# Alexander Shekhovtsov presents Learning of Stochastic Binary Networks (Current Work)

On 2019-12-17 11:00:00 at G205, Karlovo náměstí 13, Praha 2

Neural networks with binary activations and binary weights have been shown

to achieve recognition rates close to that of common full precision

networks while being significantly more efficient to compute. There are

several heuristic approaches to train binary NNs. The main difficulty is

that in a pure binary network one cannot develop a locally linear

approximation based on the gradient. In this work we look at Stochastic

binary NNs that add a small noise in front of all activations. At the test

time, we obtain an ensemble of binary networks, by drawing several noise

samples. At the training time, the gradient of the expected output (an

infinite ensemble) is well defined and can be approximated. In this current

work we discuss several learning formulations with stochastic binary

networks and their properties. I will present a new stochastic

approximation method that leads to a low variance and low bias estimate,

experimentally verified on small examples. Applying it to large scale

convolutional networks is possible with a modified convolution that is only

twice more computationally expensive (at training time) than the standard

one. The real implementation however (and respectively experiments with

CNNs) is currently in development. The discussion and feedback are very

welcome.

to achieve recognition rates close to that of common full precision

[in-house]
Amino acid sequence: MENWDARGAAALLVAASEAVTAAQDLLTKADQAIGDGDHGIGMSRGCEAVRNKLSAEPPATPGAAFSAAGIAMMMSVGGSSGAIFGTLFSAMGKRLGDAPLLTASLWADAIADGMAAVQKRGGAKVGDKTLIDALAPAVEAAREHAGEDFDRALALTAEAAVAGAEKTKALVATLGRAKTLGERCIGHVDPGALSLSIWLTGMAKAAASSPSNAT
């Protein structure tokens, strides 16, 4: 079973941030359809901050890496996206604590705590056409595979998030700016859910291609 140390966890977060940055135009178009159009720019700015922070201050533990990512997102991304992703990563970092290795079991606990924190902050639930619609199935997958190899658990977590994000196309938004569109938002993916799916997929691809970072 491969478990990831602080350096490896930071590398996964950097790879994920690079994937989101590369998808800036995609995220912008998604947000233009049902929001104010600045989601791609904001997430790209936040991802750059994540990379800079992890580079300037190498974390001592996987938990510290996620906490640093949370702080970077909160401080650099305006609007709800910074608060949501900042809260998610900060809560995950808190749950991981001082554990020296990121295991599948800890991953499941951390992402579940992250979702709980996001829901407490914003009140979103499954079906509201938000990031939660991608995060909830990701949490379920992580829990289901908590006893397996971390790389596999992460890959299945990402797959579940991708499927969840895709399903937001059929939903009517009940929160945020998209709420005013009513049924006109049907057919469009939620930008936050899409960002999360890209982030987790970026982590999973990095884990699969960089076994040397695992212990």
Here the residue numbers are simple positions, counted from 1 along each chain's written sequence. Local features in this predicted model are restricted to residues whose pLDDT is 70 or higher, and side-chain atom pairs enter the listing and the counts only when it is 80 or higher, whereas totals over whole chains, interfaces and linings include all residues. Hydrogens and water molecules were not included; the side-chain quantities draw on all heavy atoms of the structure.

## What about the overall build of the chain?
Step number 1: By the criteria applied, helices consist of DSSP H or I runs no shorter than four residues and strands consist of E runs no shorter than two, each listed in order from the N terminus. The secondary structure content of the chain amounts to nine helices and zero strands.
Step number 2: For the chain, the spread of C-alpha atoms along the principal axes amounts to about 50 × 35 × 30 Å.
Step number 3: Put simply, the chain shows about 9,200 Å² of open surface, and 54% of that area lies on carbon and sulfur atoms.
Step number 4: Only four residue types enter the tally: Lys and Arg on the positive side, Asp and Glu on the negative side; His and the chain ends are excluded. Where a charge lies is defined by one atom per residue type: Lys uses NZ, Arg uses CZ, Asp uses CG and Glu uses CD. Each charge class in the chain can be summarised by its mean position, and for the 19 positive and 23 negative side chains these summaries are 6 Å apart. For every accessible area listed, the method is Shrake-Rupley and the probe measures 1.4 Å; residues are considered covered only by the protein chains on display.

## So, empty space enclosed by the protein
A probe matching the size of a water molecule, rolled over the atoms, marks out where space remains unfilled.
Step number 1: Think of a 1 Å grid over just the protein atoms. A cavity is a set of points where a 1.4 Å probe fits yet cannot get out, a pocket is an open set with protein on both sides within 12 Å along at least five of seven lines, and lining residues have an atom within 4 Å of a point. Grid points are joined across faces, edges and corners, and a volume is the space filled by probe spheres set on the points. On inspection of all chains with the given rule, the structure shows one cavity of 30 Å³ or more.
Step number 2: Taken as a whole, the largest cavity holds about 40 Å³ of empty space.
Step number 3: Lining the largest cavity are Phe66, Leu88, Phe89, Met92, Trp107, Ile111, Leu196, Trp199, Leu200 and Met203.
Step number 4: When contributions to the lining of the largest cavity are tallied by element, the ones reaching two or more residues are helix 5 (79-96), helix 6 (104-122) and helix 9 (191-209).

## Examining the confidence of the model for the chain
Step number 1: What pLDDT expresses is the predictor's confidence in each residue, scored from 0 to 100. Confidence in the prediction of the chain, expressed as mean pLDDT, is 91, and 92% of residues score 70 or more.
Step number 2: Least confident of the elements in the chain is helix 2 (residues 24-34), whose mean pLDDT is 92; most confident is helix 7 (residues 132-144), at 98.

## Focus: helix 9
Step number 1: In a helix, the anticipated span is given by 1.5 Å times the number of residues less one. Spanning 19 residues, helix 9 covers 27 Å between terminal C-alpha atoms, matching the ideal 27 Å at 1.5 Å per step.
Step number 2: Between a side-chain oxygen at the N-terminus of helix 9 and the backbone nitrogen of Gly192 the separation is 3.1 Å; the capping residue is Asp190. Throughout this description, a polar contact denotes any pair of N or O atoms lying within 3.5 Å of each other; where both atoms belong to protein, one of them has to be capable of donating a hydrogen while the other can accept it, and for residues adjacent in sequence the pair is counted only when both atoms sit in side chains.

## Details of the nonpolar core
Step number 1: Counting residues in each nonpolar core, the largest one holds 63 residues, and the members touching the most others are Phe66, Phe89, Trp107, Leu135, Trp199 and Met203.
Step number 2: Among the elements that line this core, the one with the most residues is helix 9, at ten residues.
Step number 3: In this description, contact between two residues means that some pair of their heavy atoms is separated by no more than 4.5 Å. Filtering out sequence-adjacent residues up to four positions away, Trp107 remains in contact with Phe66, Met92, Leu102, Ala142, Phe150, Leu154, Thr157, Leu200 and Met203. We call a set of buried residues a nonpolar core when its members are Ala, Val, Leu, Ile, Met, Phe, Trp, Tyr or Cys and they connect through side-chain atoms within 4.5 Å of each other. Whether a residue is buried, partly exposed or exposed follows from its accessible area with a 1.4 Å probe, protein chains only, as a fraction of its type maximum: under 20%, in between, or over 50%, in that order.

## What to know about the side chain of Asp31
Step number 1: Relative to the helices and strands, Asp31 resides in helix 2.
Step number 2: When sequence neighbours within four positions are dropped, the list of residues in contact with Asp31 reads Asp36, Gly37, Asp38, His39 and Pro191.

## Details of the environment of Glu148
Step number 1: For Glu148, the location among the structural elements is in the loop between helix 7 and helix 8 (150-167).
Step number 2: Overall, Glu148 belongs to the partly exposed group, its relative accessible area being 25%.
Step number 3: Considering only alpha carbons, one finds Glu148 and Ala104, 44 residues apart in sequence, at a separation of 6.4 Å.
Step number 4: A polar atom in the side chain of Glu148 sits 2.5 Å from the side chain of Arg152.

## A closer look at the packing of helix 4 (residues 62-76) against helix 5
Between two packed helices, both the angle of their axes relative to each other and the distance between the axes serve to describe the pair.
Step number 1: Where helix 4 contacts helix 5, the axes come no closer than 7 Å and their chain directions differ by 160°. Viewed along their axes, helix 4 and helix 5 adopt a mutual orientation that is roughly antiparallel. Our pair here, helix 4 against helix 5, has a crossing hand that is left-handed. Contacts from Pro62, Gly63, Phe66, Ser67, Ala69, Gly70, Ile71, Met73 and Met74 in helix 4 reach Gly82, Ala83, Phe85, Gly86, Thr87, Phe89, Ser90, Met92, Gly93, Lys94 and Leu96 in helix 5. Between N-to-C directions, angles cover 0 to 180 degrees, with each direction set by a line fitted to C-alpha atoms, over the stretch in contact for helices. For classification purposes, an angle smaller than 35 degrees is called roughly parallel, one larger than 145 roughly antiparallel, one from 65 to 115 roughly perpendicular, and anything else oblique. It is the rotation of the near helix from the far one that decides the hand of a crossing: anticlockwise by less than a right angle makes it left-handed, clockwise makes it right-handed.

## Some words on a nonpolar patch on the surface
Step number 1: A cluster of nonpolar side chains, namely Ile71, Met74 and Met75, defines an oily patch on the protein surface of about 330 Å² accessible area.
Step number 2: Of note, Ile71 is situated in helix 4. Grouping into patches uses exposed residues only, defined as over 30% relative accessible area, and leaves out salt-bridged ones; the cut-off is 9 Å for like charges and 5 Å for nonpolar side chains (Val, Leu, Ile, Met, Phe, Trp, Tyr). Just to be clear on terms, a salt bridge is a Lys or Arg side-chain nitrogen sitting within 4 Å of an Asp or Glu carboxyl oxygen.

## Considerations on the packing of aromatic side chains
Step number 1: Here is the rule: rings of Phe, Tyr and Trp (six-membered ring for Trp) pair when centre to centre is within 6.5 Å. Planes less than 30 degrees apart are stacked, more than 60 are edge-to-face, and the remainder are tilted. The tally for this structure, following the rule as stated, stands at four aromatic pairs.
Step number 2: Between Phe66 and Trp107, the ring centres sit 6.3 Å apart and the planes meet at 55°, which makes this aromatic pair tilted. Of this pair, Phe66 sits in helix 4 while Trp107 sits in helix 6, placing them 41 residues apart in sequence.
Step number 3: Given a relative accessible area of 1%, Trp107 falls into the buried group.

networks while being significantly more efficient to compute. There are

several heuristic approaches to train binary NNs. The main difficulty is

that in a pure binary network one cannot develop a locally linear

approximation based on the gradient. In this work we look at Stochastic

binary NNs that add a small noise in front of all activations. At the test

time, we obtain an ensemble of binary networks, by drawing several noise

samples. At the training time, the gradient of the expected output (an

infinite ensemble) is well defined and can be approximated. In this current

work we discuss several learning formulations with stochastic binary

networks and their properties. I will present a new stochastic

approximation method that leads to a low variance and low bias estimate,

experimentally verified on small examples. Applying it to large scale

convolutional networks is possible with a modified convolution that is only

twice more computationally expensive (at training time) than the standard

one. The real implementation however (and respectively experiments with

CNNs) is currently in development. The discussion and feedback are very

welcome.